The pathogenesis of inflammatory bowel disease (IBD) is linked to an intricate association of environmental, microbial, and host-related factors. This study examined the potential effects of dietary addition of two preparations from onion, one comprising quercetin aglycone alone (Q: 0.15% polyphenols, quercetin aglycone:quercetin monoglycosides, 98:2) and another comprising quercetin aglycone with monoglycosides (Q+MQ: 0.15% total polyphenols, quercetin aglycone:quercetin monoglycosides, 69:31), on dextran sodium sulphate- (DSS-) induced colitis in mice. The results revealed a significant decrease in the body weight gain of the mice with DSS-induced colitis, which was counteracted by the dietary Q or Q+MQ supplementation. Meanwhile, the oxidative stress indicated by myeloperoxidase (MPO), reduced glutathione (GSH), malondialdehyde (MDA), and serum nitrate (NO) concentrations was higher in mice with DSS-induced colitis than in the control group mice, but dietary Q or Q+MQ supplementation counteracted this trend. The colitis mice demonstrated reduced Chao1, angiotensin-converting enzyme (ACE), and Shannon indices and an increased Simpson index, but the colitis mice receiving dietary Q or Q+MQ exhibited higher Chao1, ACE, and Shannon indices and a reduced Simpson index. In conclusion, this research showed that even at a low dose, dietary Q or Q+MQ supplementation counteracts DSS-induced colitis in mice, indicating that Q or Q+MQ may be used as an adjuvant therapy for IBD patients.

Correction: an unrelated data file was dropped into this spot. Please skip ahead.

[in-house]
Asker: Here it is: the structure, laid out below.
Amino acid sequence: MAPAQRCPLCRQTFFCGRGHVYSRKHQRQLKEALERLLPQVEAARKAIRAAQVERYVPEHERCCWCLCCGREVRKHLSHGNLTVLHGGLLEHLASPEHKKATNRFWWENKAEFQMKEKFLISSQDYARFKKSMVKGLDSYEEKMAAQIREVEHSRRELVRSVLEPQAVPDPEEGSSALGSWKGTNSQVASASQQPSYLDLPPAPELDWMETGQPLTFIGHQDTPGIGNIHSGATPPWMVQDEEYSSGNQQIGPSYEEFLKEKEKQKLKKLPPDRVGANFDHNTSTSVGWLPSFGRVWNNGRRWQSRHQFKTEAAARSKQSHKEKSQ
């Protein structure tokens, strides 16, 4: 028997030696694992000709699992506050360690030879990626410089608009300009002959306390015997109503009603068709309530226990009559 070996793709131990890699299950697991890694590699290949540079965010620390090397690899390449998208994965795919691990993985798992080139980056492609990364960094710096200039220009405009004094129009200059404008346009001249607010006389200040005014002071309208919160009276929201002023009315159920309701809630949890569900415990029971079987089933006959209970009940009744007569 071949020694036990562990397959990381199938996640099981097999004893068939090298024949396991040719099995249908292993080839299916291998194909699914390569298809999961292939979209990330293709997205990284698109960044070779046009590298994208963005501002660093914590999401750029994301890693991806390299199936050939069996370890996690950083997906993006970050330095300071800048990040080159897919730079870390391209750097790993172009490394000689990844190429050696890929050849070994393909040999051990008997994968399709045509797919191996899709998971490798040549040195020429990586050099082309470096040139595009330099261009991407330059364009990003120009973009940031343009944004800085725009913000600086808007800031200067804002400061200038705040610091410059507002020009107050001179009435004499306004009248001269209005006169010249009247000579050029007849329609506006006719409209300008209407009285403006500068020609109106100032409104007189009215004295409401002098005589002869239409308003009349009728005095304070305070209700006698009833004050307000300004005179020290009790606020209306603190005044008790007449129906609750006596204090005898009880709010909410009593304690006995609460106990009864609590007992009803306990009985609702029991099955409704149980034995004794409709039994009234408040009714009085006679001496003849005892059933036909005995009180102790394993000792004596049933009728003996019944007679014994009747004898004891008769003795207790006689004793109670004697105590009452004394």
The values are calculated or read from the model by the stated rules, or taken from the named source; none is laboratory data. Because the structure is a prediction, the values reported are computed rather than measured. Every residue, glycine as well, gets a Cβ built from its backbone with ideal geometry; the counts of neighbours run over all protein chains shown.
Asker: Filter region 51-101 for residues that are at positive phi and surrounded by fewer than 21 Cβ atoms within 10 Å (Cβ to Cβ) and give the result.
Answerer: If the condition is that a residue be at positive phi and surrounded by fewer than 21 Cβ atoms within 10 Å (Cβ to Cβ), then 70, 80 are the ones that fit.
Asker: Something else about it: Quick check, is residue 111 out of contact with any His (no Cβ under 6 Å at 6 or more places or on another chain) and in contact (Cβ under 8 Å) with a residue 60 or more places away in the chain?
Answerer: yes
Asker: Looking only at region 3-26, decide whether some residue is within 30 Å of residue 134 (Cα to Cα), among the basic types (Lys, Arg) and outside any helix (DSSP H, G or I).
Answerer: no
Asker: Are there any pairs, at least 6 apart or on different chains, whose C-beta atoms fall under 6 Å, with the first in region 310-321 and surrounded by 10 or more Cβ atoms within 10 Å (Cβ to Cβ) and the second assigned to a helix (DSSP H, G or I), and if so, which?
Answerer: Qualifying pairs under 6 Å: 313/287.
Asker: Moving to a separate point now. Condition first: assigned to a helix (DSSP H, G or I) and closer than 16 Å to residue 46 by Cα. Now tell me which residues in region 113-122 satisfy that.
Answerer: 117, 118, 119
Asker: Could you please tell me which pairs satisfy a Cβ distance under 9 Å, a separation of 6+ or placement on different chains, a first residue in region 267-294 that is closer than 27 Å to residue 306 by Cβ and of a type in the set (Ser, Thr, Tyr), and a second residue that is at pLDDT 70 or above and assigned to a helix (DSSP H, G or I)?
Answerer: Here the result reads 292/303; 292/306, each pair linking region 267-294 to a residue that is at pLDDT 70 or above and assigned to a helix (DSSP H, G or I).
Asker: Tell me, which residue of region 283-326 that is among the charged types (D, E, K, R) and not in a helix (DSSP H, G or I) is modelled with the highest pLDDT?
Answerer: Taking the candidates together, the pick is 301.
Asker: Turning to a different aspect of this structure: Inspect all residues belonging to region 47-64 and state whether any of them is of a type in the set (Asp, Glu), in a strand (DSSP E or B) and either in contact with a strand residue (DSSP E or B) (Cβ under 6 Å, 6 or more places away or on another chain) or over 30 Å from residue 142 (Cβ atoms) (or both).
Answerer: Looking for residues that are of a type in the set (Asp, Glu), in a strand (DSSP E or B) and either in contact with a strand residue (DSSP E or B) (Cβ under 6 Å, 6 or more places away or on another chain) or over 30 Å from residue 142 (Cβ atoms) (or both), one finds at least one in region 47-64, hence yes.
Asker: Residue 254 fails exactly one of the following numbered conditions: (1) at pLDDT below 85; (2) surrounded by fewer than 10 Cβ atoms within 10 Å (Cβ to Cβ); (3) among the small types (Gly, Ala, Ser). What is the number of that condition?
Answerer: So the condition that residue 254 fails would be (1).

Hong, Z., & Piao, M. (2018). Effect of Quercetin Monoglycosides on Oxidative Stress and Gut Microbiota Diversity in Mice with Dextran Sodium Sulphate-Induced Colitis. BioMed Research International, 2018. https://doi.org/10.1155/2018/8343052